Miss SA Zoz­ib­ini Tunzi and her fa­ther, Lungisa

Miss SA Zozi Tunzi can count on her proud fa­ther’s sup­port as she gets ready for Miss Uni­verse

DRUM - - Contents - BY GABISILE NGCOBO PIC­TURES: LUBA­BALO LESOLLE

WHEN she steps onto the stage at the Miss Uni­verse pageant she can be sure of one thing: her beloved fa­ther will be there cheer­ing her on ev­ery el­e­gant step of the way.

To Miss SA Zoz­ib­ini Tunzi, her dad, Lungisa, is many things: a de­voted chauf­feur, her big­gest fan, her rock. He’s been her un­fail­ing ­pil­lar of sup­port since she was a lit­tle girl tak­ing part in her first pageant and he’s here today as she chats to us in her stylish Sand­ton apart­ment.

“I’m al­ways there for her,” says Lungisa (55), who works in the depart­ment of higher ed­u­ca­tion and train­ing in Pre­to­ria.

And Zozi (26) wouldn’t have it any other way. “I’m a daddy’s girl,” she says.

Lungisa will never for­get the day his daugh­ter’s name was called out on the night of the Miss SA pageant in Au­gust.

“I recorded the show and of­ten re­play it to re­mind my­self how in­cred­i­ble it was.”

Now he’s hop­ing her name will ring out again in the early hours of Mon­day 9 De­cem­ber if she’s an­nounced as the new Miss Uni­verse.

Lungisa and Philiswa, Zozi’s school prin­ci­pal mom, will be in the au­di­ence at the pageant, which will take place in At­lanta in the United States. And even if she doesn’t win, the achieve­ment of com­pet­ing on a world stage is enough to make this dad’s heart light with love.

IT’S hard to be­lieve the daz­zling young woman seated be­fore us with poise and ex­ud­ing such charm was crip­plingly shy as a lit­tle girl. In a bid to boost her con­fi­dence, her par­ents per­suaded her to en­ter her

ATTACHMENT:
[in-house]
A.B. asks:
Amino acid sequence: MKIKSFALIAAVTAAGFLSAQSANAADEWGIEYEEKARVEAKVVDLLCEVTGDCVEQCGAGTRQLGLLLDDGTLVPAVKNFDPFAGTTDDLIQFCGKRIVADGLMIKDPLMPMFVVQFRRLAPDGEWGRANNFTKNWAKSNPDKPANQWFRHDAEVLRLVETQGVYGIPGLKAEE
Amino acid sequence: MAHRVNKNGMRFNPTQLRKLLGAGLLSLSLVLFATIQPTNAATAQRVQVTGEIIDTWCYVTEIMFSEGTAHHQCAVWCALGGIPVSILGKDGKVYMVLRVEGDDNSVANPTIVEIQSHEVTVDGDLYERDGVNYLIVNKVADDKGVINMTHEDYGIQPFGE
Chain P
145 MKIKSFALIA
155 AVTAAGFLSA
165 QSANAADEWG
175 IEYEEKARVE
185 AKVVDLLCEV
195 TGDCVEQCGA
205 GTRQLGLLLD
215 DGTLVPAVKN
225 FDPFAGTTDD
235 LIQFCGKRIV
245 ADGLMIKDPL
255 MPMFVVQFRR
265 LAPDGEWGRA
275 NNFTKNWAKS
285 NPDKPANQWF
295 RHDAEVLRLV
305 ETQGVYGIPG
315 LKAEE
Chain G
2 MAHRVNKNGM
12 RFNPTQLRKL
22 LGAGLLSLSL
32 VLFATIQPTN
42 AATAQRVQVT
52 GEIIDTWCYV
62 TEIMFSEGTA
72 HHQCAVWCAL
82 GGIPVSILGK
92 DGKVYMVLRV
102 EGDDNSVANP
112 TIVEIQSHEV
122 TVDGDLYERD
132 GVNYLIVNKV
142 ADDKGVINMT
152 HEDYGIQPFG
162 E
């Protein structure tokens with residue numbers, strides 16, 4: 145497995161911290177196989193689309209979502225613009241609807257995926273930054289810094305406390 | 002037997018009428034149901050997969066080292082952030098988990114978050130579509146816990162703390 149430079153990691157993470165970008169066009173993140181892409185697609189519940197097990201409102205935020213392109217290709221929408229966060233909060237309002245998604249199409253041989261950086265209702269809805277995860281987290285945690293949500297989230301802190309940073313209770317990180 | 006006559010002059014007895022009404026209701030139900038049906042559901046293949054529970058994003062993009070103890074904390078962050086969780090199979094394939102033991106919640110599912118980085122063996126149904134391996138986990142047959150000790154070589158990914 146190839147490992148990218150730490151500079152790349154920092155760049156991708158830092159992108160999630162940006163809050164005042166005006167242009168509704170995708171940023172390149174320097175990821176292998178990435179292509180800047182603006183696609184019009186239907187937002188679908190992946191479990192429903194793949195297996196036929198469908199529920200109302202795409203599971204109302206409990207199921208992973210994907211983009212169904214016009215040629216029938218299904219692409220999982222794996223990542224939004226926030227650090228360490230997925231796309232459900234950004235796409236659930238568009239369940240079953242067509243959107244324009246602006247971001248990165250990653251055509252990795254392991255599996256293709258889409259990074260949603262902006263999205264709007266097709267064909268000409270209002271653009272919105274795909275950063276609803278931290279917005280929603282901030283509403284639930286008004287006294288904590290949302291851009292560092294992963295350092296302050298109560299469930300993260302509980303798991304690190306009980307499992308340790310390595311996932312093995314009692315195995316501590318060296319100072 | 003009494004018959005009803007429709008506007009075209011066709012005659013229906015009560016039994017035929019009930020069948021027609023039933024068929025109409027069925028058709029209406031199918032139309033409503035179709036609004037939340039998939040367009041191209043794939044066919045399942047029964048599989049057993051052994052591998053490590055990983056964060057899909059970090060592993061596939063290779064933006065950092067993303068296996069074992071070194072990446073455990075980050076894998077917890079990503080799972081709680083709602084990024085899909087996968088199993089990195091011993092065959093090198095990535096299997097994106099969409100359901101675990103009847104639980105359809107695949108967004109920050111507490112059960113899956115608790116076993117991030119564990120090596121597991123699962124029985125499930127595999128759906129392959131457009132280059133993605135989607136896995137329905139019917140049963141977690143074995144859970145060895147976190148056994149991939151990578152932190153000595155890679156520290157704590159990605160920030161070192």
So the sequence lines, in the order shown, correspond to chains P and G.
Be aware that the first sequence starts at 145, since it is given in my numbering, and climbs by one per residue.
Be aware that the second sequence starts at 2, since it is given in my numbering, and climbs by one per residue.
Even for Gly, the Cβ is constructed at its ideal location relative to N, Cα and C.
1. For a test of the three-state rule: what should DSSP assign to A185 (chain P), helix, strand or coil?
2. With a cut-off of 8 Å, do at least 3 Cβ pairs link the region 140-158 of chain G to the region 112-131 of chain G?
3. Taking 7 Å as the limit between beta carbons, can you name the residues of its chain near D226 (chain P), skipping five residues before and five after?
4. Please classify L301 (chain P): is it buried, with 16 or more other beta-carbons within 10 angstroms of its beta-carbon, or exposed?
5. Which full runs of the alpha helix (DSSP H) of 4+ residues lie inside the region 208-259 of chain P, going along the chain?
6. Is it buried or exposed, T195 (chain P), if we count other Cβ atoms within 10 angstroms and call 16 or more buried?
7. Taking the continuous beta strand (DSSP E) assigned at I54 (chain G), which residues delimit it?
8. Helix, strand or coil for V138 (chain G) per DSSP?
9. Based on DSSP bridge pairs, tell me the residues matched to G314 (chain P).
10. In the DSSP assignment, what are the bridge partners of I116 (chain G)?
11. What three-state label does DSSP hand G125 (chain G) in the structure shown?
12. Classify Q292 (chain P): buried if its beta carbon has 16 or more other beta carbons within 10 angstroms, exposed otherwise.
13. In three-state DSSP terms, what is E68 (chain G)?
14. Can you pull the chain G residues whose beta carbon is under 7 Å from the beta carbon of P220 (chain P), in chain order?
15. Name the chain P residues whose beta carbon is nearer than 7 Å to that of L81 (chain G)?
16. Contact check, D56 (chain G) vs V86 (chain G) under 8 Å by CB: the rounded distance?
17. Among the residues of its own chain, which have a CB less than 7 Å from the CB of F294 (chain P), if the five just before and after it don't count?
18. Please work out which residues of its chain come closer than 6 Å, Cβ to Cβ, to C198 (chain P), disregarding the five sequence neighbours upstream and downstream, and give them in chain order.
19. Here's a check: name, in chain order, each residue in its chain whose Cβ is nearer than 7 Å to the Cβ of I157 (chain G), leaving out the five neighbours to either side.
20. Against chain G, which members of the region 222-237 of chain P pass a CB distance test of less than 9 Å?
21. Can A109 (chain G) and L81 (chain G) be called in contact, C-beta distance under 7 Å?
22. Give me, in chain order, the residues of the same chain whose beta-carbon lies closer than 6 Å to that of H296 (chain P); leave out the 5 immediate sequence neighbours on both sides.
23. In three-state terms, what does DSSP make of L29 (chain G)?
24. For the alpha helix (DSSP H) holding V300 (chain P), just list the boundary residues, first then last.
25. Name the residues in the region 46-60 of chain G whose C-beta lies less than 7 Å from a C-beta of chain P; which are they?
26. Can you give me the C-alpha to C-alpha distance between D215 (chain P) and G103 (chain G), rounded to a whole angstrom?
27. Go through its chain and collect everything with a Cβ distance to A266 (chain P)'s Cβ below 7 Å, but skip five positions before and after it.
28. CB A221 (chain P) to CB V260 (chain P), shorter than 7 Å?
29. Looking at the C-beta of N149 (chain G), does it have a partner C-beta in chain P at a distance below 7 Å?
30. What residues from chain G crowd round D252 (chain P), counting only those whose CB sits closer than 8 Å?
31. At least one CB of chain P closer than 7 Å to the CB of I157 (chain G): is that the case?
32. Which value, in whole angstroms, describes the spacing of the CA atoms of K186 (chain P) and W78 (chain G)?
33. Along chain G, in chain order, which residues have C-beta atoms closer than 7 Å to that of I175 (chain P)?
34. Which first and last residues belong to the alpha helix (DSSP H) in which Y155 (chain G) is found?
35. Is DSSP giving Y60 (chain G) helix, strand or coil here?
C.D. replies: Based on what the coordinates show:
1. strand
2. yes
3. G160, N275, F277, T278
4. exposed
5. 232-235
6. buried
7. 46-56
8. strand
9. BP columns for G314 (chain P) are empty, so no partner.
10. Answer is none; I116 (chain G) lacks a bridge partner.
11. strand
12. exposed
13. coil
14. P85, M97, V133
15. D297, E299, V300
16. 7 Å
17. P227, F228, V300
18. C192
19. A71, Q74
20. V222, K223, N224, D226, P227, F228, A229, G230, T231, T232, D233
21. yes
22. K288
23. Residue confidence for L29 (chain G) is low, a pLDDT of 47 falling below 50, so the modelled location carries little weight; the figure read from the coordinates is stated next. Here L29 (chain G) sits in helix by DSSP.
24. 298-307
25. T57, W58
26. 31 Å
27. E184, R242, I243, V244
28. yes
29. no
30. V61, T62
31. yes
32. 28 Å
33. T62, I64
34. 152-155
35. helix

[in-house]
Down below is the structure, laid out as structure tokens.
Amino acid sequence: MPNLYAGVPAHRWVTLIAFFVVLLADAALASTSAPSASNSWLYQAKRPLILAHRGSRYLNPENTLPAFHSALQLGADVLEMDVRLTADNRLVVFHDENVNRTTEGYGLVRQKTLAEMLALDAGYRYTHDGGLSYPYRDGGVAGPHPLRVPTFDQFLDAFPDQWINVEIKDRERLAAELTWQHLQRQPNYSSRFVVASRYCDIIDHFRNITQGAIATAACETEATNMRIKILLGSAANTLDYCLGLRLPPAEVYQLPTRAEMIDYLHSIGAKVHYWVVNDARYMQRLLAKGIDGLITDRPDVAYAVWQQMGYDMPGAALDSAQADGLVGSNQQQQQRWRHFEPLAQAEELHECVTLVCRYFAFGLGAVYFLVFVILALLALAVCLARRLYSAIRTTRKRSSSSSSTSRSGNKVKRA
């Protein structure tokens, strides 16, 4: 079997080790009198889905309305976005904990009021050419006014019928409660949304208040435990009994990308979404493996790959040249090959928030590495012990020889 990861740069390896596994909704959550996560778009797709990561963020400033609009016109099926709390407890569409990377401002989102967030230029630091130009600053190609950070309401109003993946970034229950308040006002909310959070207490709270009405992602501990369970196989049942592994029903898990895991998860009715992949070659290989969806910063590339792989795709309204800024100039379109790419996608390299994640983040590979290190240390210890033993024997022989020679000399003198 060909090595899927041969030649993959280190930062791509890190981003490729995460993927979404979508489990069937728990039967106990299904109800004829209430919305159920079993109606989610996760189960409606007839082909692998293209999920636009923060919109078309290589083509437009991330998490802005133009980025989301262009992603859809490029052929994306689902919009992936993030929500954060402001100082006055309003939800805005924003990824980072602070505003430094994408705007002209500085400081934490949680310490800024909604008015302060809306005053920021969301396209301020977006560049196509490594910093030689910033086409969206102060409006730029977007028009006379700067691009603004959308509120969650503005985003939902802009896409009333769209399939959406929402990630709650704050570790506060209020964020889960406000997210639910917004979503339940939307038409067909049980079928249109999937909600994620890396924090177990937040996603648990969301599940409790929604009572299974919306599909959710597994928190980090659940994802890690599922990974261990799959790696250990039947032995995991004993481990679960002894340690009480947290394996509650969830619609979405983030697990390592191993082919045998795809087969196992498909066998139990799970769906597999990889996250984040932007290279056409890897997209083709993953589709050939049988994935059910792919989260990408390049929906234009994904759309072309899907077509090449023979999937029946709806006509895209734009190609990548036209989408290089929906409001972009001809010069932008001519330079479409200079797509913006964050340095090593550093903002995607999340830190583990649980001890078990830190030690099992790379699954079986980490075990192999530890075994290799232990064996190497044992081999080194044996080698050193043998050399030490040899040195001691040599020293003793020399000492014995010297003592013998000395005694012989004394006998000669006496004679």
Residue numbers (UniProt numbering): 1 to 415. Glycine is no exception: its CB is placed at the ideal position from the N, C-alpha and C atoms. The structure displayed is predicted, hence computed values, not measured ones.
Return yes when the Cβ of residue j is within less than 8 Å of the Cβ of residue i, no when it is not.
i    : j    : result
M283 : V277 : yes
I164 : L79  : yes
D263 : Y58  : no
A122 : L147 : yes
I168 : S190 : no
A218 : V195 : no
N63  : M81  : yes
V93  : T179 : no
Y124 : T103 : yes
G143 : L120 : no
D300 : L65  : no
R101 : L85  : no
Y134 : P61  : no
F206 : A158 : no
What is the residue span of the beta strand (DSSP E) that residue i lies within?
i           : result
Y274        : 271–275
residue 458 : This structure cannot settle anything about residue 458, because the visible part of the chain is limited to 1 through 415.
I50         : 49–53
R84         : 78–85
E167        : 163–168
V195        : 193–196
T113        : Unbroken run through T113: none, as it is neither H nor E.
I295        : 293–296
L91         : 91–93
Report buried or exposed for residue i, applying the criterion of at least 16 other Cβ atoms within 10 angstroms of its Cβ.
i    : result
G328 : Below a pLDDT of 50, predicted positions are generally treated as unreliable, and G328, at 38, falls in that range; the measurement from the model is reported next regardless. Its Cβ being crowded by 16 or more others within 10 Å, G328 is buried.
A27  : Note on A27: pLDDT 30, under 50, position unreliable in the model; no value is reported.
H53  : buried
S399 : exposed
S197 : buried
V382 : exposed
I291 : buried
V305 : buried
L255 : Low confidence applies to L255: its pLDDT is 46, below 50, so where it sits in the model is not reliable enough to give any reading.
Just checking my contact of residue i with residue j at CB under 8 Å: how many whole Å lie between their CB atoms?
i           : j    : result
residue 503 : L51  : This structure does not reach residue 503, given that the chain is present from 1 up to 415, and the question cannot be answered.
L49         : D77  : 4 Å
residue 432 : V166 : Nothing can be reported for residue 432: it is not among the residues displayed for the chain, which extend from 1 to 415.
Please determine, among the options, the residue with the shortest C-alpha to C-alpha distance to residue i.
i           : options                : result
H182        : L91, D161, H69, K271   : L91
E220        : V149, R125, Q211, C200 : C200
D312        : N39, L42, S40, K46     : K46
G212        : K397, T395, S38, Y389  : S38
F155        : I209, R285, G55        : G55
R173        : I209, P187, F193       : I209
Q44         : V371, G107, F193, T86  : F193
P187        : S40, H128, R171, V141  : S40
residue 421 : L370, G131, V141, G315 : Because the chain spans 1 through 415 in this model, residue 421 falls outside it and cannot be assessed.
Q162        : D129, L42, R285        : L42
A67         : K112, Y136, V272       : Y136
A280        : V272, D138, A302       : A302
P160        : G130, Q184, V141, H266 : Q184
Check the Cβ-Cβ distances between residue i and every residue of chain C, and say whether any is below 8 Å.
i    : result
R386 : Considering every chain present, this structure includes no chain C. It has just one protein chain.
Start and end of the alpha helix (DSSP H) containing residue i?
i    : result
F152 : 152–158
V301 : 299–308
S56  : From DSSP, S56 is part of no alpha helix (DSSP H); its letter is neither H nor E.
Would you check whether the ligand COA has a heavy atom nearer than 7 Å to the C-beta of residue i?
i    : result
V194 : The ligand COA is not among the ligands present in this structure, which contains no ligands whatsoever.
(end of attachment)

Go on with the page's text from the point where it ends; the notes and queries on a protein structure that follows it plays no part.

first beauty pageant when she was just six years old.

“You can’t be any­thing in this world if you don’t have con­fi­dence,” Lungisa says.

Lit­tle Zozi took to pageants like a duck­ling to wa­ter – she won her first con­test and has been tak­ing part in pageants ever since.

Still, grow­ing up in the vil­lage of Tsolo in the Eastern Cape, she kept pretty much to her­self. She didn’t have many friends and her sis­ters, Yanga (now 30), Siba­balwe (24) and Ayakha (13), were her “ev­ery­thing” she says.

Zozi didn’t take part in sport and was far hap­pier with her nose buried in a book. But she loved to look pretty, her dad says. Her mother used to de­sign Zozi’s pageant dresses when she was young and get a seam­stress to make them.

Her par­ents split up in 2011 but the fam­ily re­mained warm and lov­ing.

Af­ter school Zozi en­rolled at Cape Penin­sula Univer­sity of Tech­nol­ogy (CPUT) to study public re­la­tions and con­tin­ued tak­ing part in pageants.

She was crowned Miss CPUT and Miss Mamelodi Sun­downs and then dreamt of mak­ing it all the way to Miss SA – which is now mis­sion ac­com­plished.

It’s been an amaz­ing ride since her Au­gust crown­ing, she says. “One minute I was a PR in­tern, the next I was Miss South Africa.”

Zozi was a grad­u­ate in­tern at mar­ket­ing com­pany Ogilvy for a few months ear­lier this year, work­ing in var­i­ous fields from dig­i­tal mar­ket­ing to com­mu­ni­ca­tions. Now, in­stead of a nine-to-five job, her day oc­ca­sion­ally be­gins at 3am to pre­pare for pro­mo­tions and so­cial me­dia shoots. Then it’s spon­sor­ship work, ap­pear­ances, in­ter­views and gym. She’s also an­nounced her ­so­cial cause of choice, the #He­ForShe cam­paign – a United Na­tions ini­tia­tive through which men and women are in­vited to stand to­gether to cre­ate a gen­der-­equal world. What’s been the stand­out mo­ment of her reign so far? Tough ques­tion, she says. There have been so many high­lights – but if she had to choose, walk­ing the run­way at New York Fash­ion Week soon af­ter her reign be­gan takes the cake.